5. You weren’t a good cultural fit.
Keep in mind, “fit” plays a major role when employers evaluate whether they want to hire certain candidates. Whether you prefer working in a certain type of environment, or working with a particular management style, if your prospective employer practices the opposite, this could be the making for a poor cultural fit down the road.
6. You were too casual or overconfident.
If your interview seems to be going well, it can be tempting to let your guard down and start building a friendlier rapport with your interviewer. Becoming too casual, however, by using slang or making jokes could be a big mistake. As a result, you can appear to be playing around and not taking the role seriously.
7. You have an unprofessional online presence.
Social media is a great way to express your ideas and opinions, but without proper context some postings can be misconstrued and work against you in the interview process. If a quick Google search reveals that your online presence might be an issue, a hiring manager might just move on to another candidate.
Ms. Pursell said: “One candidate had a different employer listed on his resume than was on his LinkedIn profile. Why? His resume was current but his LinkedIn profile was not. The hiring manager felt the candidate was not “up with technology” since his LinkedIn profile didn’t match his resume.”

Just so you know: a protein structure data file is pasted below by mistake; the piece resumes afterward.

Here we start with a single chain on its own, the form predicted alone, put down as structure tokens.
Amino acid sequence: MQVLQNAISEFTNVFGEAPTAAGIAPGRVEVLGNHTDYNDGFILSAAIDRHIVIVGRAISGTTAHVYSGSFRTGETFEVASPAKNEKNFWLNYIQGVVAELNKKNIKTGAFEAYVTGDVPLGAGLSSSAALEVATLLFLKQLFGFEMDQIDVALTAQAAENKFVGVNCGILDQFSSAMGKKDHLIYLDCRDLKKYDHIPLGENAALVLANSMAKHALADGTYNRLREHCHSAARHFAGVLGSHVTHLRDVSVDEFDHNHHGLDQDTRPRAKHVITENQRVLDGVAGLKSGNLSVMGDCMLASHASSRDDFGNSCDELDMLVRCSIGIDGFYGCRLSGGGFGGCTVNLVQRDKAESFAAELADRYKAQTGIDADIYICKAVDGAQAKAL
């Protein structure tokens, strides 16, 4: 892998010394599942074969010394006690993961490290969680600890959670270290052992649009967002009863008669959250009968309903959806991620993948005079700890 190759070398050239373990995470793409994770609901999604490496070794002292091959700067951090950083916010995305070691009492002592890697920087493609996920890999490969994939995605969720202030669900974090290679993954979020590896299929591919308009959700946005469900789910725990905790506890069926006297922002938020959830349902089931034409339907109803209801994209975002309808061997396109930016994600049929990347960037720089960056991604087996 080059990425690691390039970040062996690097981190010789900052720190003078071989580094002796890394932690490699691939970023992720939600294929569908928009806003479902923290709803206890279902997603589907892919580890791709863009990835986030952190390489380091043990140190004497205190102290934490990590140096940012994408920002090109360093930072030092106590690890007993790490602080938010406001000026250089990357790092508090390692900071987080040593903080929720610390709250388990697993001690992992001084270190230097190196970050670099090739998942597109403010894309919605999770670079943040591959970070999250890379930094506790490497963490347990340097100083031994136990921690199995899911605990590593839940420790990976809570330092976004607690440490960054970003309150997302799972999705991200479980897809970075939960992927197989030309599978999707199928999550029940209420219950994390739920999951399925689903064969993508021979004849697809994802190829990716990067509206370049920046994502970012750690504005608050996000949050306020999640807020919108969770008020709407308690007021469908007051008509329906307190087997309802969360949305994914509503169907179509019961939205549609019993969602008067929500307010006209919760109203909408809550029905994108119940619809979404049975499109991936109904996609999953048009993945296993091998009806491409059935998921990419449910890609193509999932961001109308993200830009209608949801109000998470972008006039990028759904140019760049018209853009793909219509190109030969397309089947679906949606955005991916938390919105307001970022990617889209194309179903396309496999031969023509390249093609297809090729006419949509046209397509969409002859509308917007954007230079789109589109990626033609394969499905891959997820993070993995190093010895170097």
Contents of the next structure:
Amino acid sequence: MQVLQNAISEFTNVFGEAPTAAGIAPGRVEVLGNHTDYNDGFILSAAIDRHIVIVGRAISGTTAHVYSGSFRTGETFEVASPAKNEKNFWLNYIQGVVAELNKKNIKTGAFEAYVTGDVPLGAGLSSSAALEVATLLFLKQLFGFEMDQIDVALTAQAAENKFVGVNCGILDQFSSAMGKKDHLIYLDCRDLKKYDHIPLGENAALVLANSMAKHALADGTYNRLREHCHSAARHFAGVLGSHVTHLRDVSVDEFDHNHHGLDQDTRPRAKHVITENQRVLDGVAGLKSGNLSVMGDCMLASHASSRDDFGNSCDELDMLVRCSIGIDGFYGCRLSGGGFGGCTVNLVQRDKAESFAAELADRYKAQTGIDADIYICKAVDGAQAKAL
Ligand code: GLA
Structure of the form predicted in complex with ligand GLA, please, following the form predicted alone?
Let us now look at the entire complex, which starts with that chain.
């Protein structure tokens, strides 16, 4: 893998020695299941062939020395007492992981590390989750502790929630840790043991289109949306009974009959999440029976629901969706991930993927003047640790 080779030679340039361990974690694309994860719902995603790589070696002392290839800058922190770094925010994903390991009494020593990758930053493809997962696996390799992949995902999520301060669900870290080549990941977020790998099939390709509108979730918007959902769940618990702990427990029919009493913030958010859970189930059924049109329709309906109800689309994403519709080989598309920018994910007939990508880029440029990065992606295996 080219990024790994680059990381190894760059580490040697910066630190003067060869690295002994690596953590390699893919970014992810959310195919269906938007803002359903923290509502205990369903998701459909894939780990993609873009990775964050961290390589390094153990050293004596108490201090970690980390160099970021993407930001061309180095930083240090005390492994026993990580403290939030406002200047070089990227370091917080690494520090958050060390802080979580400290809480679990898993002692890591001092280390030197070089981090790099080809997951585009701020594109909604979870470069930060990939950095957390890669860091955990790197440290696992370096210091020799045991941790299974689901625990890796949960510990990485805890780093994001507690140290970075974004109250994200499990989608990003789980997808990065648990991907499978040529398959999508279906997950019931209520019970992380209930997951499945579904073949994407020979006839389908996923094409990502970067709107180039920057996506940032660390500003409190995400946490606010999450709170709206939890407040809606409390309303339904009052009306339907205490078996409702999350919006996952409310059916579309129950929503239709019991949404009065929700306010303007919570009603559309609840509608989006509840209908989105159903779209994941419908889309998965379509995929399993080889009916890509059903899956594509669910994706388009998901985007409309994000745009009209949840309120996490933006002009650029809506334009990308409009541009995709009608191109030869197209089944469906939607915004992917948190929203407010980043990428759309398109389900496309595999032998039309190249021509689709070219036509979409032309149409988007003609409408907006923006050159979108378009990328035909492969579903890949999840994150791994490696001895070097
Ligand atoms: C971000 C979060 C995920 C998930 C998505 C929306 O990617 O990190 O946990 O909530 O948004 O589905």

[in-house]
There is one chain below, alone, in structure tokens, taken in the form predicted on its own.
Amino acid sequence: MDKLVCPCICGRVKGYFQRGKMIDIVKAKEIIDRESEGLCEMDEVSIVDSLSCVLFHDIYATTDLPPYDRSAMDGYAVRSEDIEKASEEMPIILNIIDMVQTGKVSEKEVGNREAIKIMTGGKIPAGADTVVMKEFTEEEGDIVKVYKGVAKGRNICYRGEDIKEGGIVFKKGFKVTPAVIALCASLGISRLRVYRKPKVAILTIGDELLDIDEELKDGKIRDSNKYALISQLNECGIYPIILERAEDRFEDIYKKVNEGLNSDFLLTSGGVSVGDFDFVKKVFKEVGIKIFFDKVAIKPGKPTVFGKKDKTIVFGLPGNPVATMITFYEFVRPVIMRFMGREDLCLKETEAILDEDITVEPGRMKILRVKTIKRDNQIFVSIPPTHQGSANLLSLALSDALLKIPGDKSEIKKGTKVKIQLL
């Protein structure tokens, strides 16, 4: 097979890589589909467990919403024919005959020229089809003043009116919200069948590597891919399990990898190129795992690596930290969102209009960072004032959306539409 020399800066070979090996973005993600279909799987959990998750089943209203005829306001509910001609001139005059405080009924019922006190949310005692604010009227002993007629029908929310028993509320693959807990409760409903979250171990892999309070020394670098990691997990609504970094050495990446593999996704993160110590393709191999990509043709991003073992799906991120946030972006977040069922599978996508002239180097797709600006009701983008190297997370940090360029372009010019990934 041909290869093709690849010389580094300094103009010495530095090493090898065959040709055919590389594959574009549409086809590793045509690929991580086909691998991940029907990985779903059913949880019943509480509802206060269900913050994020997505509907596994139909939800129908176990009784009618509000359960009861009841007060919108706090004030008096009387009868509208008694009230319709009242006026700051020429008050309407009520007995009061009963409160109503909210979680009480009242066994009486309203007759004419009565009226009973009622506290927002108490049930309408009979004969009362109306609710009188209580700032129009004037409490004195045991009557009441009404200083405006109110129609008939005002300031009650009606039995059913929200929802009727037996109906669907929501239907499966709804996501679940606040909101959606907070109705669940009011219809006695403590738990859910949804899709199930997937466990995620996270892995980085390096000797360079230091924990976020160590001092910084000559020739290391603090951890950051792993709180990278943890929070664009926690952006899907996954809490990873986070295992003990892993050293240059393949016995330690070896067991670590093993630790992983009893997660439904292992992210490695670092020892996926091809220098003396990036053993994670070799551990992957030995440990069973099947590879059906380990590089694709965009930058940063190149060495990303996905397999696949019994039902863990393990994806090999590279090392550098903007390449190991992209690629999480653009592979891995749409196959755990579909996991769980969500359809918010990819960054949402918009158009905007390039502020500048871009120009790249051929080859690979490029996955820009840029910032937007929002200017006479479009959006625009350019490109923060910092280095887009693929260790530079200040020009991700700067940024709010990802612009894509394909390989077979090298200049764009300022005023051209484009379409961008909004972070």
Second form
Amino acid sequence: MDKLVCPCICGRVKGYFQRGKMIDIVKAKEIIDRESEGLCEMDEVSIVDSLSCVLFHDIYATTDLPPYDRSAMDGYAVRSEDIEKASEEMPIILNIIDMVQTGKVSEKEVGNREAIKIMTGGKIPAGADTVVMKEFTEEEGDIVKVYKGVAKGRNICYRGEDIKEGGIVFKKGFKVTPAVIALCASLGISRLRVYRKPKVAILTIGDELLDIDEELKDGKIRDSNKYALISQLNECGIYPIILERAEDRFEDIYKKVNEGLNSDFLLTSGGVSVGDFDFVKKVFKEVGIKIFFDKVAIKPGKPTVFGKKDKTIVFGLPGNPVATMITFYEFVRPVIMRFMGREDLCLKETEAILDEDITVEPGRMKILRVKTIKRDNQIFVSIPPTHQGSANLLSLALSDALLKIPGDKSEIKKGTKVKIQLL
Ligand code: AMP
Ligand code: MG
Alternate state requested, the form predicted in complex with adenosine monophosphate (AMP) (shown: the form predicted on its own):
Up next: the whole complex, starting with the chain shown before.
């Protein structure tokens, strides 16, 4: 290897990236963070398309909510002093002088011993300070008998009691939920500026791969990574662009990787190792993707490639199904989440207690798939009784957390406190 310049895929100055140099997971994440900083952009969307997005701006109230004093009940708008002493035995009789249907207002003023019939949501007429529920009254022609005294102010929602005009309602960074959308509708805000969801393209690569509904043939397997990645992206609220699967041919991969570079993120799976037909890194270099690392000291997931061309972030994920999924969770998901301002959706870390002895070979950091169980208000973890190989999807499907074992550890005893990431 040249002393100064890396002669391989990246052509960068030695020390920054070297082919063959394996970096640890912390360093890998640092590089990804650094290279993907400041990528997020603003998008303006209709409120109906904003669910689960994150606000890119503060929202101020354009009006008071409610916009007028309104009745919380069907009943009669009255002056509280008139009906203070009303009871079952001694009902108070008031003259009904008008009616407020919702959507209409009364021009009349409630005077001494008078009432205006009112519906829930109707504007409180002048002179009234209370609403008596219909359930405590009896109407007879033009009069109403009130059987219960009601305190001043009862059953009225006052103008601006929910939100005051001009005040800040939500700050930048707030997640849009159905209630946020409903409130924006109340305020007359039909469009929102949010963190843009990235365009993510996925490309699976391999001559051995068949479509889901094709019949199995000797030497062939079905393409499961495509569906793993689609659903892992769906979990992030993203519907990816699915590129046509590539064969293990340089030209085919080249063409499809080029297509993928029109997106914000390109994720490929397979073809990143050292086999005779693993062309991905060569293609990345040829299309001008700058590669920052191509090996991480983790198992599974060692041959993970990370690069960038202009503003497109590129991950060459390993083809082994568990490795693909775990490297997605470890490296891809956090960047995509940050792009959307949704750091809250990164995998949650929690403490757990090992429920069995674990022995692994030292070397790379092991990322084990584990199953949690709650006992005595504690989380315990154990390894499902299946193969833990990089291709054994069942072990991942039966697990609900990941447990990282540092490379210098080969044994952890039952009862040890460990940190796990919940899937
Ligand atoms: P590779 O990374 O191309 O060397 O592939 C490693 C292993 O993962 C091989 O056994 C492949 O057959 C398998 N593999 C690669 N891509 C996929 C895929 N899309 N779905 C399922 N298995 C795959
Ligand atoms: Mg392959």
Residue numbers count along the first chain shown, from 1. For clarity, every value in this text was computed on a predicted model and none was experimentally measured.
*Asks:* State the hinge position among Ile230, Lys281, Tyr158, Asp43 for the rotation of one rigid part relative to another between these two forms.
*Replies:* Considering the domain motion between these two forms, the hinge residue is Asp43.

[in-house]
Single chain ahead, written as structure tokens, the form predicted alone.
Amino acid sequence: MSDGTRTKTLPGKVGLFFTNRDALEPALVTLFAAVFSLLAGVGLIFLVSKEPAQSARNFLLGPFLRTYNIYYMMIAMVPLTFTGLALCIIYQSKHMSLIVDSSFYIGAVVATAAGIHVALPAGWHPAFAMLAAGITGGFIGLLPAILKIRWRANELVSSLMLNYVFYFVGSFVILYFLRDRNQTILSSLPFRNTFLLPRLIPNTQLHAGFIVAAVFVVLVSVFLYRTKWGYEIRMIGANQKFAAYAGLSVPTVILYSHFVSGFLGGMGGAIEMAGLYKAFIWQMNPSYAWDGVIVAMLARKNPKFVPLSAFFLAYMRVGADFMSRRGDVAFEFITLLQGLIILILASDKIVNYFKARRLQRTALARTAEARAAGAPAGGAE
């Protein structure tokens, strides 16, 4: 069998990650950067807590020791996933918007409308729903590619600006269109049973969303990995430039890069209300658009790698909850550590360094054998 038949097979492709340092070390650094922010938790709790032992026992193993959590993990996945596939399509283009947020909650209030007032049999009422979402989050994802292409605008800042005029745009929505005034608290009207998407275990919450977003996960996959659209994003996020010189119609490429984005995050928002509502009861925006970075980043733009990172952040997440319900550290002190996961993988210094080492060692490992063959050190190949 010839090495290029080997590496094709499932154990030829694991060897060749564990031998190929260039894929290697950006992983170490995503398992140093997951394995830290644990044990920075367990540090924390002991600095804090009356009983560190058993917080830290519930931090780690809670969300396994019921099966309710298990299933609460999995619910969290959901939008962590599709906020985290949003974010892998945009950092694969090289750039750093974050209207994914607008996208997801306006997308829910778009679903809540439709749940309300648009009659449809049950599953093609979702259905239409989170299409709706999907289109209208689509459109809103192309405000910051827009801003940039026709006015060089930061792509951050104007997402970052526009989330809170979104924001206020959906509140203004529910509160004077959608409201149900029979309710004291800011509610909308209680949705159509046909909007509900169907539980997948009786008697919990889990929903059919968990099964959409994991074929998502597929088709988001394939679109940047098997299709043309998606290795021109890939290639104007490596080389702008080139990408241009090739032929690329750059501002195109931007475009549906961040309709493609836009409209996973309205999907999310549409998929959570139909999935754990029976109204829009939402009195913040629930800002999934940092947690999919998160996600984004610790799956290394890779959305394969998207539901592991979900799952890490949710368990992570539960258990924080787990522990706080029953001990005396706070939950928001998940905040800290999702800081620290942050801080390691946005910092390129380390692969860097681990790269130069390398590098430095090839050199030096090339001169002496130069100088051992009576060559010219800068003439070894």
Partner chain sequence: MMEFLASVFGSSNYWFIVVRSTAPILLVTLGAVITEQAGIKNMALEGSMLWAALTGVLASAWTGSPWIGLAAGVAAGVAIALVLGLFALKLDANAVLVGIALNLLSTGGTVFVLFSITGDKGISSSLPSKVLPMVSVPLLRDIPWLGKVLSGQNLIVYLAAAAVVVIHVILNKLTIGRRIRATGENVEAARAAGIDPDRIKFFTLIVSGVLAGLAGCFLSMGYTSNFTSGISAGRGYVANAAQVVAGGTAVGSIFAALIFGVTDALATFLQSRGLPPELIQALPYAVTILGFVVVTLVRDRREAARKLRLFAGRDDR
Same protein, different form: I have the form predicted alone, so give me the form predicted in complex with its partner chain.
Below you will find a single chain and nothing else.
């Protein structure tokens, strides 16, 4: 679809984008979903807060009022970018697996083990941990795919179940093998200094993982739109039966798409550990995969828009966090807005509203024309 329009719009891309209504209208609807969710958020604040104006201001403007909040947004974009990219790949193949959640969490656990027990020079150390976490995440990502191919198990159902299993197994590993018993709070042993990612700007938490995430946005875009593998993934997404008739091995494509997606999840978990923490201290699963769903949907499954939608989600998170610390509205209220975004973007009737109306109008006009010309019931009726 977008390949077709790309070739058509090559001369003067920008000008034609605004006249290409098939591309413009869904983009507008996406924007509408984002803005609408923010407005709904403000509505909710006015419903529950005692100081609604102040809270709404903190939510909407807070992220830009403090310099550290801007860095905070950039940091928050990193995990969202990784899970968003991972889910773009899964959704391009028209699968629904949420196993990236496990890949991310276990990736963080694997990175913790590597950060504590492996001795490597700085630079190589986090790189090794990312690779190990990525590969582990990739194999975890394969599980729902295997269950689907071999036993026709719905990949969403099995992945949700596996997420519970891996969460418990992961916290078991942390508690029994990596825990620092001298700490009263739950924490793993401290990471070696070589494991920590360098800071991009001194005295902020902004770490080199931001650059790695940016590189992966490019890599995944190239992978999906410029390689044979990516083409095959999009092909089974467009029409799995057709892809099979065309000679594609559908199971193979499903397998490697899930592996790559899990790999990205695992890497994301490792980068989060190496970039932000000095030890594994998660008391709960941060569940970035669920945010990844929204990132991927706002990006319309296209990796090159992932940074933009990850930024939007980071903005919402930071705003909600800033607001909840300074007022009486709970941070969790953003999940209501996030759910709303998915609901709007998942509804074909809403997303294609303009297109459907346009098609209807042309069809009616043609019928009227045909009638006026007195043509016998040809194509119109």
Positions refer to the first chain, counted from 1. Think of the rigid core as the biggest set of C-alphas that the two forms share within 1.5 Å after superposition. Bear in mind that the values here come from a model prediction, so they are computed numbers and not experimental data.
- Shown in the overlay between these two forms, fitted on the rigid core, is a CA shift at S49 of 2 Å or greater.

“Your online presence matters. It is one of the first things hiring managers look at,” she said. “Another candidate’s Facebook presence was littered with drinking pictures. The hiring manager was not impressed and moved on to another candidate.”
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8. You didn’t send a ‘thank you’ note or follow up.
Whether you have gone through a first-round phone screen, or have made it to the final interview stage, writing a thank you note to the hiring manager is more than a best practice; it conveys your respect for your interviewer’s time, demonstrates your interest in the role and keeps you top of mind during the decision-making process. Failing to send a thank you note will be viewed as a major red flag to a prospective employer. Remember, if a recruiter has coordinated your interview for you, they will most likely facilitate all of the conversations outlining next steps.
“Never underestimate the value of a thank you note after you finish an interview,” said Mr. Charney. “Here’s an example why: After our candidate had two phone interviews, one face-to-face interview and an invitation to their headquarters for a final face-to-face interview with one of our clients, both parties shared that it was a perfect match. However, several days went by and our client went silent. The reason was that the candidate failed to send a thank you note or email when interviews were concluded. To them, that was a deal breaker,” he said.